Saying no to BT seeds-farmer Papamma

“Is there any solution to the ongoing BT brinjal controversy? Do we really need BT modified crops? These and other questions are being debated by farmers, food experts, politicians and multinationals. The proponents of BT brinjal say that it will herald a second green revolution. But the opponents argue that India can manage without modified crops because some farmers in Karnataka villages already practice community seed banks.

They cite example of farmers, like Papamma, who have already started a second green revolution. Her house is full of vegetation. Not an inch of waste land around Papamma�s house or farm can be spotted. �Do you see the black sprinkles on the leaves and the beans? That is cow dung water I sprinkled to avoid pests,� says the 60-year-old Papamma who lives in D. Kurubarahalli, a remote village in Kolar, nearly 90 KM from Bangalore.

Keeping farm green isn�t an easy task in hot weather. But Papamma has been managing it for almost 20 years now. She produces crops through organic way. Besides, the family is content with the yield they get from two acres and one acre of paddy field. In two acres, she grows almost 20 varieties of crops. �If we have sufficient water we can grow more than 50 varieties of crops in the farm,� says Papamma. ”

This article appeared in the Sunday Indian . Link below.

This is another example of simple sustainable living, using the products available in the vicinity and producing organically. I am not sure everyone can follow, but avoiding BT seeds is an attractive proposition.:-)

About gardenerat60

As you guessed, I am a retired executive, looking for hobbies. Stumbled into gardening after reading blogs. Always wanted to use eco-friendly items in daily life. So, there was no heistation in deciding to put the vast terrace balcony to use for organic garden.
This entry was posted in BT seeds, Karnataka, Organic farming, saying No, sustainable and tagged , , , , , , . Bookmark the permalink.

13 Responses to Saying no to BT seeds-farmer Papamma

  1. nice to know about that. reading the full article now.

  2. I do not believe in too much human interference in natural process.. It is scary

  3. uppal says:

    From the debates which i happened to listen to, a few months back I concluded that the concept of BTseeds is a beneficial idea. But your story of this lady’s success shows that there are alternative methods which are giving good results. Hers can be a lone example of a success story. I think we should be more receptive to new tecniques.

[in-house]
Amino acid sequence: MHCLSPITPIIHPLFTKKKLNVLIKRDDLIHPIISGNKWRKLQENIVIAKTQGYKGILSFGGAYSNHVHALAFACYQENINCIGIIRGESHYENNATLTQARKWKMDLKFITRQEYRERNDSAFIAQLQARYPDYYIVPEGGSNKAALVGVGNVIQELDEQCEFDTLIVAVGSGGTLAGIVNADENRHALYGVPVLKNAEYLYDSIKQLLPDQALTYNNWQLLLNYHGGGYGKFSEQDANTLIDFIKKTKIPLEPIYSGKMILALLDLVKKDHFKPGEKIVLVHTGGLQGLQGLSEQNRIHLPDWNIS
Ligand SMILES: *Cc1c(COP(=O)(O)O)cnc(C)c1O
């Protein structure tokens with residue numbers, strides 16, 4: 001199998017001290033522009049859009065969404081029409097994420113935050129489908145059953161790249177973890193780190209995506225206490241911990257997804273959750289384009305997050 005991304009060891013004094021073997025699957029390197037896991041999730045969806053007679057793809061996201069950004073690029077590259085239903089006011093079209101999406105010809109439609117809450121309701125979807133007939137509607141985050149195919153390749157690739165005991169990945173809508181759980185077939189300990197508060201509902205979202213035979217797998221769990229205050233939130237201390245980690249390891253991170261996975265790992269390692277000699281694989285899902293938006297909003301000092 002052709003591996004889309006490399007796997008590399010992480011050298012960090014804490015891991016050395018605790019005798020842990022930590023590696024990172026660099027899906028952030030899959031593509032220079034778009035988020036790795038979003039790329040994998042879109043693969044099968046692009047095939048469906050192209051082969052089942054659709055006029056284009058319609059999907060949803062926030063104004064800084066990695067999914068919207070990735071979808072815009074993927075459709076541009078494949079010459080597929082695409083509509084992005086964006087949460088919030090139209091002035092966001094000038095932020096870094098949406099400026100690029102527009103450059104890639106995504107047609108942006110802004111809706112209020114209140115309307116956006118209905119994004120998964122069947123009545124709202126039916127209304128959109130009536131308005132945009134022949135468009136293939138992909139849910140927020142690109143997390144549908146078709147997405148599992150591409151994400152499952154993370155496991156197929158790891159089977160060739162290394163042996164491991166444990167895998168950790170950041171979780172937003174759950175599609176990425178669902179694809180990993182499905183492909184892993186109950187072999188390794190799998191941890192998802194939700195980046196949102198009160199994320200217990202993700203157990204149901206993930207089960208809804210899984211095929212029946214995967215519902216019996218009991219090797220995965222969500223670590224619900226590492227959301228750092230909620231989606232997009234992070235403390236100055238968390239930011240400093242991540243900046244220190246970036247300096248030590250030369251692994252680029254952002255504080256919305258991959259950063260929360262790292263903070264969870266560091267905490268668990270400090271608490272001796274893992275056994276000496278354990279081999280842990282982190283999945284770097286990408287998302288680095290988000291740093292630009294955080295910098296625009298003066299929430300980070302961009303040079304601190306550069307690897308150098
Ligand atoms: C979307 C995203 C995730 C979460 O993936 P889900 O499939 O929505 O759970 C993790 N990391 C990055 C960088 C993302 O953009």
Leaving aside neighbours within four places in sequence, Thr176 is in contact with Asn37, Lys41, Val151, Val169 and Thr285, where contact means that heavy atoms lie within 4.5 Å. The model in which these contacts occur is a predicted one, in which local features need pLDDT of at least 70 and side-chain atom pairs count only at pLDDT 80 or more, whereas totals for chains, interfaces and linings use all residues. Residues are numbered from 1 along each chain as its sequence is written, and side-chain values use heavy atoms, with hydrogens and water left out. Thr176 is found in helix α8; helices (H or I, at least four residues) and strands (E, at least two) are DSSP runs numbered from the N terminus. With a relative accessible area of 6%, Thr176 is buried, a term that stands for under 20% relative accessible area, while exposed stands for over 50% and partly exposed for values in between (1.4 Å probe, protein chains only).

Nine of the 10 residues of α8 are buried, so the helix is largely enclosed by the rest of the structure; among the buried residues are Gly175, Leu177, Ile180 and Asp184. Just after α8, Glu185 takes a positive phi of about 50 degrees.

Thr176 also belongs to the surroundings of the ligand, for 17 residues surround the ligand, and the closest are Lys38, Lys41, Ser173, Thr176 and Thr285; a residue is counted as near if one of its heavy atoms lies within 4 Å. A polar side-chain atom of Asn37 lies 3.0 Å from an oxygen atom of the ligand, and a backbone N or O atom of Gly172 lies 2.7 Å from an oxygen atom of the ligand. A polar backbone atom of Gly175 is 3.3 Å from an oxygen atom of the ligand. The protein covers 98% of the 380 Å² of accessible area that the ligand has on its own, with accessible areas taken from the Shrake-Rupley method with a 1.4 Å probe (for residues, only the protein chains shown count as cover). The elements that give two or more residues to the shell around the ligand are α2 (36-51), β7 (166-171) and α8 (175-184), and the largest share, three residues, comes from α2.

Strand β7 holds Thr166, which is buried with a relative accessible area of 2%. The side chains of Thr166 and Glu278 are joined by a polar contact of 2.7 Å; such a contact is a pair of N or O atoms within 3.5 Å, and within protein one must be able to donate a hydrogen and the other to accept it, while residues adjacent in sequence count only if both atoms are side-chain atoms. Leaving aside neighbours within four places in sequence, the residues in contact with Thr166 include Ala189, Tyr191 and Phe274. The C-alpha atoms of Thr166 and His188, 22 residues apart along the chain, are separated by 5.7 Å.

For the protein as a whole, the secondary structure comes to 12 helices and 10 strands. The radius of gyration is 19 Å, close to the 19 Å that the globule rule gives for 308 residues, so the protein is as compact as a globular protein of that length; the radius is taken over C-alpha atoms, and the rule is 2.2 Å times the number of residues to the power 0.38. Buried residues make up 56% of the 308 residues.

As regards indivine, i’m still facing the same problem and I’ve not posted since. What is the use if the post doesn’t get linked? It is tiring and frustrating. I hope you find some help.

    • gardenerat60 says:

      Hi Uppalji, with all said and done, indigenous seed need to be preserved, to have variety, instead of uniform seeds. Native variety have their own taste and nutrition too.

      And , let me share this with you, even my blogs are not being accepted on indivine:-( No help so far. I am not able to figure it out yet.

  4. ruchi jain says:

    for farmers,, its a good idea..

  5. sush says:

    I was really not ware of the BT Brinjal issue- Sustainable living example here, sure was good lesson you brought to our notice.

  6. anisharanjit says:

    I was all for genetically modified crops until a year back… I was thinking purely from a scientists perspective… I studied a bit of genetic engineering during my engineering days. The reason why they are even creating something like this is to help us but the fact that it might change the agriculture scenario forever is scary. It all seems safe from the lab… but no one can predict what the future holds.

    The use of Chemical fertilizers and pesticides was started in India years back to bring in the green revolution, the results were awesome then… But right now all of us are trying real hard to get some “Organic Food” which used to be just “Food” before we started using the chemicals on our crops.

    I guess we messed up in the past. Though the use of chemical fertilizers has helped feed more mouths, the quality of food and health has been ever degrading. Embracing new technology is good but we also need to remember it is the food we are playing with… Why on earth do we need some scientists and industries to have monopoly over food that we are given free by mother nature.

    • gardenerat60 says:

      Very well said Anisha. I am so glad, that , I am believing in the right thing. Now a days, though vegetables are bigger and look pleasing to the eye, the taste is not the same.
      They get spoiled too, very soon. Whatever we grow at home, carefully, does taste much better and keeps fresh longer. Though we may not get eye catching colors or yields , the satisfaction is comforting.

      BTW the link relivingmoment is not connected ” file not found” is the message?

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